Gov. Tate Reeves said one of his top priorities as governor will be cutting red tape during his first State of the State address tonight.
“Often, the most impactful thing that we can do at this building is get out of the way and allow innovators to thrive,” Reeves said. “That is why one of my priorities will be cutting red tape. We are assembling a team that is committed to ensuring that the people of Mississippi are never held back by cumbersome government. Regulations and processes that may have been well-intentioned, often serve only to slow our state down. We are going to fix that.”
Mississippi has more than 117,000 regulations on the books. These regulations lead to higher costs for consumers, while having a detrimental effect on economic growth.
We now have a history of empirical data on the relationship between regulations and economic growth. A 2013 study in the Journal of Economic Growth estimates that federal regulations have slowed the U.S. growth rate by 2 percentage points a year, going back to 1949. A recent study by the Mercatus Center at George Mason University estimates that federal regulations have slowed growth by 0.8 percent since 1980. If we had imposed a cap on regulations in 1980, the economy would be $4 trillion larger, or about $13,000 per person. Real numbers, and real money, indeed.
“If you are being held back by some unnecessary government rule or process, we will provide an easy way for you to let us know,” Reeves added. “And whenever we can take action, we will do so quickly. We will have a bias towards action. We will listen to the people of Mississippi and clean up our codes to put them first.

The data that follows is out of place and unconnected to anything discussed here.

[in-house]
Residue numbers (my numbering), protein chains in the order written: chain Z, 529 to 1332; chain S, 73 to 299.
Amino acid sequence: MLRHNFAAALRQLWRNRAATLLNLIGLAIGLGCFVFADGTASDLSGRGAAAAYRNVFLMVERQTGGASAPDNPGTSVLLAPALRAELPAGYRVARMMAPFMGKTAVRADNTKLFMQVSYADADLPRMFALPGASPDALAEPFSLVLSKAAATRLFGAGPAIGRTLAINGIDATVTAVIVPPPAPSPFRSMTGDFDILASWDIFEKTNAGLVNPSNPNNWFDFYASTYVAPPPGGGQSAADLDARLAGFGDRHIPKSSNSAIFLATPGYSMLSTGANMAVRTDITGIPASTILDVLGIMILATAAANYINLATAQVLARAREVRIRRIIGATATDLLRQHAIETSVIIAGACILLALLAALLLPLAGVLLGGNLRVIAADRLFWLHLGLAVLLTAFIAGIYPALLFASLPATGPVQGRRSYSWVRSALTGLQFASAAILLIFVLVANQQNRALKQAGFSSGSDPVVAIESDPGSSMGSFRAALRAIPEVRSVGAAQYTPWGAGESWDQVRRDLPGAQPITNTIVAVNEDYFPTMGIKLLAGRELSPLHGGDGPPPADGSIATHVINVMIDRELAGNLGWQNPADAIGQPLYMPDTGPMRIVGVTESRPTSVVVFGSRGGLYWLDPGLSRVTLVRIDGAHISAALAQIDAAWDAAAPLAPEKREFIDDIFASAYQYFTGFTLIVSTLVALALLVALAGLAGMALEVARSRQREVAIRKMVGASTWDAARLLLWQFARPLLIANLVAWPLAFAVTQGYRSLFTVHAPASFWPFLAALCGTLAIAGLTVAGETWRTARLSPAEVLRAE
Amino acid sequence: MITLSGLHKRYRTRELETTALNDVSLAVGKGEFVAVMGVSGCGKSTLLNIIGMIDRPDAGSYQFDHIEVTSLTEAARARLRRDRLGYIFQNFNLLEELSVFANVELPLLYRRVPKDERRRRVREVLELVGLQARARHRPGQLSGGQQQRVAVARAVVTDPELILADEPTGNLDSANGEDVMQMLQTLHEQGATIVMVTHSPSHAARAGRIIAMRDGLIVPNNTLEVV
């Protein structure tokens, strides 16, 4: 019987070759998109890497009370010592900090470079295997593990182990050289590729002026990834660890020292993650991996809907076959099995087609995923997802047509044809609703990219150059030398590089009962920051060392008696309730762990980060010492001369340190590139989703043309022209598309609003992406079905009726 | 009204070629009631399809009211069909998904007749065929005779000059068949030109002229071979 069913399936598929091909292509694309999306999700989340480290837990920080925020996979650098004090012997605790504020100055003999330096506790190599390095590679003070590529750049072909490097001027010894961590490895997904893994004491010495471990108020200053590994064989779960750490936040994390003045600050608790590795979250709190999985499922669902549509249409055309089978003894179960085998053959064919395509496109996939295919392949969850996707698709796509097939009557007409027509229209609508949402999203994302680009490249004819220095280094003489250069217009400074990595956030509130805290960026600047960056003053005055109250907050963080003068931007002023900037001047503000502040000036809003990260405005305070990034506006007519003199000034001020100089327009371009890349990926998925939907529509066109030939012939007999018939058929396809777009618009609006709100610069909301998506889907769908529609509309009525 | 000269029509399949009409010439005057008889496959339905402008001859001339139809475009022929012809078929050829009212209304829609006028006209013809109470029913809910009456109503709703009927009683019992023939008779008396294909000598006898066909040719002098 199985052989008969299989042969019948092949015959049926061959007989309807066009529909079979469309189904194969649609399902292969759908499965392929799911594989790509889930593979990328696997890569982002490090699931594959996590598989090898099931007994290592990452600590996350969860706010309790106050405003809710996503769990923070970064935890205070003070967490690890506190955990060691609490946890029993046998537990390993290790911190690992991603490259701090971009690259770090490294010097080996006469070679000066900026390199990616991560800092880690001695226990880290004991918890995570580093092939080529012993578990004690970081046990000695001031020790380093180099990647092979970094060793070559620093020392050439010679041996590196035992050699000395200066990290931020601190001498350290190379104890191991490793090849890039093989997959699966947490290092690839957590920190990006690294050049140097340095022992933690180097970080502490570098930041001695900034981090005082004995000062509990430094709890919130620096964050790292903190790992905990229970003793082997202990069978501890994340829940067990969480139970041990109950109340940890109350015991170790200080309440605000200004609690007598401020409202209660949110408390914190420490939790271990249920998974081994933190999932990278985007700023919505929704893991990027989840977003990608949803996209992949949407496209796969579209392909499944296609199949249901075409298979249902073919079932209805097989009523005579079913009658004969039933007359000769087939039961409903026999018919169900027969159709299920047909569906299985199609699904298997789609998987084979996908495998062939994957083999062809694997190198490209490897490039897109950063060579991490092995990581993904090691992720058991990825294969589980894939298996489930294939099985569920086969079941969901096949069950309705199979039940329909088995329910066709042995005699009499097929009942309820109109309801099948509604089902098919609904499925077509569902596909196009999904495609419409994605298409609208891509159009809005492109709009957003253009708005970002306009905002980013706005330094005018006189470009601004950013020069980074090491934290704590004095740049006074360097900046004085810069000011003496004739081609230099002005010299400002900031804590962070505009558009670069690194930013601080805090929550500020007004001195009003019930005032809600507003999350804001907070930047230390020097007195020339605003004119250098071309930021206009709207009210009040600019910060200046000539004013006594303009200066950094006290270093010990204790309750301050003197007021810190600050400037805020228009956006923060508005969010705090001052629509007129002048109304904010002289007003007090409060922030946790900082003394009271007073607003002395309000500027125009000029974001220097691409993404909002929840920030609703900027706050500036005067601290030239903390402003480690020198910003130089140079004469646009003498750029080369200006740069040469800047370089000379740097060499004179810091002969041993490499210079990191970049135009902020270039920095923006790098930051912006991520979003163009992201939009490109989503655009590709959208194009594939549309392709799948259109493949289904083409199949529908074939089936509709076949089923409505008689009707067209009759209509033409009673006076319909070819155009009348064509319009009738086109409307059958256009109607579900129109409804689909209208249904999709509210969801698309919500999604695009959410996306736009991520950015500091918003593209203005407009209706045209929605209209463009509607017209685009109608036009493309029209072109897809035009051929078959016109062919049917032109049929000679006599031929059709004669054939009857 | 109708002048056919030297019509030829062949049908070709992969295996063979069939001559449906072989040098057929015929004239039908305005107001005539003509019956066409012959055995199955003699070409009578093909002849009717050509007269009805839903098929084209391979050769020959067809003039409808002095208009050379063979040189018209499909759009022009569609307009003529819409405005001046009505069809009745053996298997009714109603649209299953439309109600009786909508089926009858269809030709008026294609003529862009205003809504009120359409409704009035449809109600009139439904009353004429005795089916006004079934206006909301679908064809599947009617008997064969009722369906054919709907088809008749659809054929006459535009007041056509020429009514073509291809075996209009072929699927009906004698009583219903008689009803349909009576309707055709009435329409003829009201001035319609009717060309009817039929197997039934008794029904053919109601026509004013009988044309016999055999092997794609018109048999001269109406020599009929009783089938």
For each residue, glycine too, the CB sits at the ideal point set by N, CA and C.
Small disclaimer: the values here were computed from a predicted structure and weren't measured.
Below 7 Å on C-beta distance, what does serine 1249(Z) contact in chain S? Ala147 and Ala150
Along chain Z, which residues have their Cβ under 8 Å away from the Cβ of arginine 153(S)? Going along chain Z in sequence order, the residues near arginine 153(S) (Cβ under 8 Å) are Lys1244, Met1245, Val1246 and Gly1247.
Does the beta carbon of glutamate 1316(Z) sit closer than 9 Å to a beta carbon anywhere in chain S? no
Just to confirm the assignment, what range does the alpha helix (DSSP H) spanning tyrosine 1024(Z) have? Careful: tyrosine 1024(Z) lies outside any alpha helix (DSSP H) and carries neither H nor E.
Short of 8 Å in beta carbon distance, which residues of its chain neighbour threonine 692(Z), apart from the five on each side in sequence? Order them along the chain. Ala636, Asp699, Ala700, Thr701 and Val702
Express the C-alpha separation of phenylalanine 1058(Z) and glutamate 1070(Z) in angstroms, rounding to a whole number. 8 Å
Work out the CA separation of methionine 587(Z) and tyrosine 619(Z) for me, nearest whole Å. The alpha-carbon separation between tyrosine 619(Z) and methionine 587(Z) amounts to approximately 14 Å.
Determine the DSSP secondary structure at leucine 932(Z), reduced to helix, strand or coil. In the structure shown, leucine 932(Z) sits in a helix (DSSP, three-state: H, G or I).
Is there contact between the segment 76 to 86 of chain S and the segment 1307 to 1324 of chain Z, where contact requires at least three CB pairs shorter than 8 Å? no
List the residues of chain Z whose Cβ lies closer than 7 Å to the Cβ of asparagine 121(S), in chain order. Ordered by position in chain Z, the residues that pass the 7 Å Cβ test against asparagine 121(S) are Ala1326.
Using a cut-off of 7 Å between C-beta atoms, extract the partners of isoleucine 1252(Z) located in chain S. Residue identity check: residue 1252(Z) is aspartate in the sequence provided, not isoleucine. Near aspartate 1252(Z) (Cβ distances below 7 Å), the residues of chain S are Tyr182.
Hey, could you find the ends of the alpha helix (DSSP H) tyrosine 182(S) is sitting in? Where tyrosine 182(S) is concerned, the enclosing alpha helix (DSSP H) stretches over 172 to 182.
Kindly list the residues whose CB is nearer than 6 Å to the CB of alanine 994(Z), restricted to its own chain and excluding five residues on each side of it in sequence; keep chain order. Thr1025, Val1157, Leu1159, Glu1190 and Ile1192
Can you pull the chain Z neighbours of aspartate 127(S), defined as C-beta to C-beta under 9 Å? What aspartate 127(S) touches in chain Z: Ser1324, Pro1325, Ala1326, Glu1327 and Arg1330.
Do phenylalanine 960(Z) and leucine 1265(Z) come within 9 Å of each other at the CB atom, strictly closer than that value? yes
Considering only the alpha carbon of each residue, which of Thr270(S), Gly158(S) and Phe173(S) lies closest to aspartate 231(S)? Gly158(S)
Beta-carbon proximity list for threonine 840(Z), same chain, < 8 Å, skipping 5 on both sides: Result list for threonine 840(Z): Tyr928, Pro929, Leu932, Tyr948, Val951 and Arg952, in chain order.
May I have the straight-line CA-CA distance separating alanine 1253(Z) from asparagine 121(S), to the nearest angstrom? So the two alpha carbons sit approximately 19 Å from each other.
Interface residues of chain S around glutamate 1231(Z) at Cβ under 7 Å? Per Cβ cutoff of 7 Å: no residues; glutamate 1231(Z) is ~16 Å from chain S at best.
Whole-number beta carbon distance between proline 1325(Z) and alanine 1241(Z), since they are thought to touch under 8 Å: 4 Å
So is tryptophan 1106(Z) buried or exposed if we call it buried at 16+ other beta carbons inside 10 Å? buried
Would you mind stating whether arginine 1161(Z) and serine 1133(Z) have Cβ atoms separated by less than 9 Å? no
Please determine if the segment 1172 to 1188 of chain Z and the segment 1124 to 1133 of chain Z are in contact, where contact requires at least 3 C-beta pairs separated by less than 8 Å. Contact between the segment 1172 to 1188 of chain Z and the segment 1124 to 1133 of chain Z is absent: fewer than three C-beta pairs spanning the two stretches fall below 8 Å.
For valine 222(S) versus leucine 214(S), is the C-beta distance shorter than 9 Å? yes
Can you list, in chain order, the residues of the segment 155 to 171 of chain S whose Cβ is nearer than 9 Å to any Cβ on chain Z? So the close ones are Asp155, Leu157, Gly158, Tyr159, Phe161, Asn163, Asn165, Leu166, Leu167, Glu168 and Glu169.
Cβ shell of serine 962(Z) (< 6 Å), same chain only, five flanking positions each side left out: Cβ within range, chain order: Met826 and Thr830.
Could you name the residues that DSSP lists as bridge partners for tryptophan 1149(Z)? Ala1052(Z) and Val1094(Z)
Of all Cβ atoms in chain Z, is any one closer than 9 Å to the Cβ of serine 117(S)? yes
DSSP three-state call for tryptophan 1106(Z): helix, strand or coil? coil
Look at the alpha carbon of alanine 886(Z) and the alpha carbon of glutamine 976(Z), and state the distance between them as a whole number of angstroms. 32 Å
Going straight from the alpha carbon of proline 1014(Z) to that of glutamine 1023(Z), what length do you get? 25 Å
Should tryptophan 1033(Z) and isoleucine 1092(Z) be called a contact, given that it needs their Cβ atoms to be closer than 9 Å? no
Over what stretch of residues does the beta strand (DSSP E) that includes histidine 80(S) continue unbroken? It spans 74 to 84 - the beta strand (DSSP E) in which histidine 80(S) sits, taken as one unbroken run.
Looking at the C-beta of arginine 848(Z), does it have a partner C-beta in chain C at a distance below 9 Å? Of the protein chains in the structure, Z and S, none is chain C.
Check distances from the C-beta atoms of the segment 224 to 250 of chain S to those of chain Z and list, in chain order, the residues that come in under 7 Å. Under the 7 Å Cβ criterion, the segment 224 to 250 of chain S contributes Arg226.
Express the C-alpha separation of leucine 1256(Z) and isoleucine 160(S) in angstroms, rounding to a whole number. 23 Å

“And there’s no question, much of the red tape in government is the result of well-intentioned, but now outdated actions. But do not fool yourself: there are many who use regulation to protect themselves from competition. That must end.”
Mississippi licenses 66 low-and-middle income occupations. This includes everything from a shampooer, who must receive 1,500 clock hours of education, to a fire alarm installer, who must pay over $1,000 in fees.
According to a recent report from the Institute for Justice, Mississippi has lost 13,000 jobs because of occupational licensing and the state has suffered an economic value loss of $37 million.
“We must make it easier for everyone to earn money in Mississippi,” Reeves continued. “That means eliminating those unfair regulations that keep people from getting licenses to work. We must make it simpler for anyone to thrive in our state. As governor, I plan to take a hard look at all of the regulations on the books that make it harder for people to live and work here. If you want to make a living in Mississippi, we want to make it easy for you to live in Mississippi.
“That will be a focus of our administration.”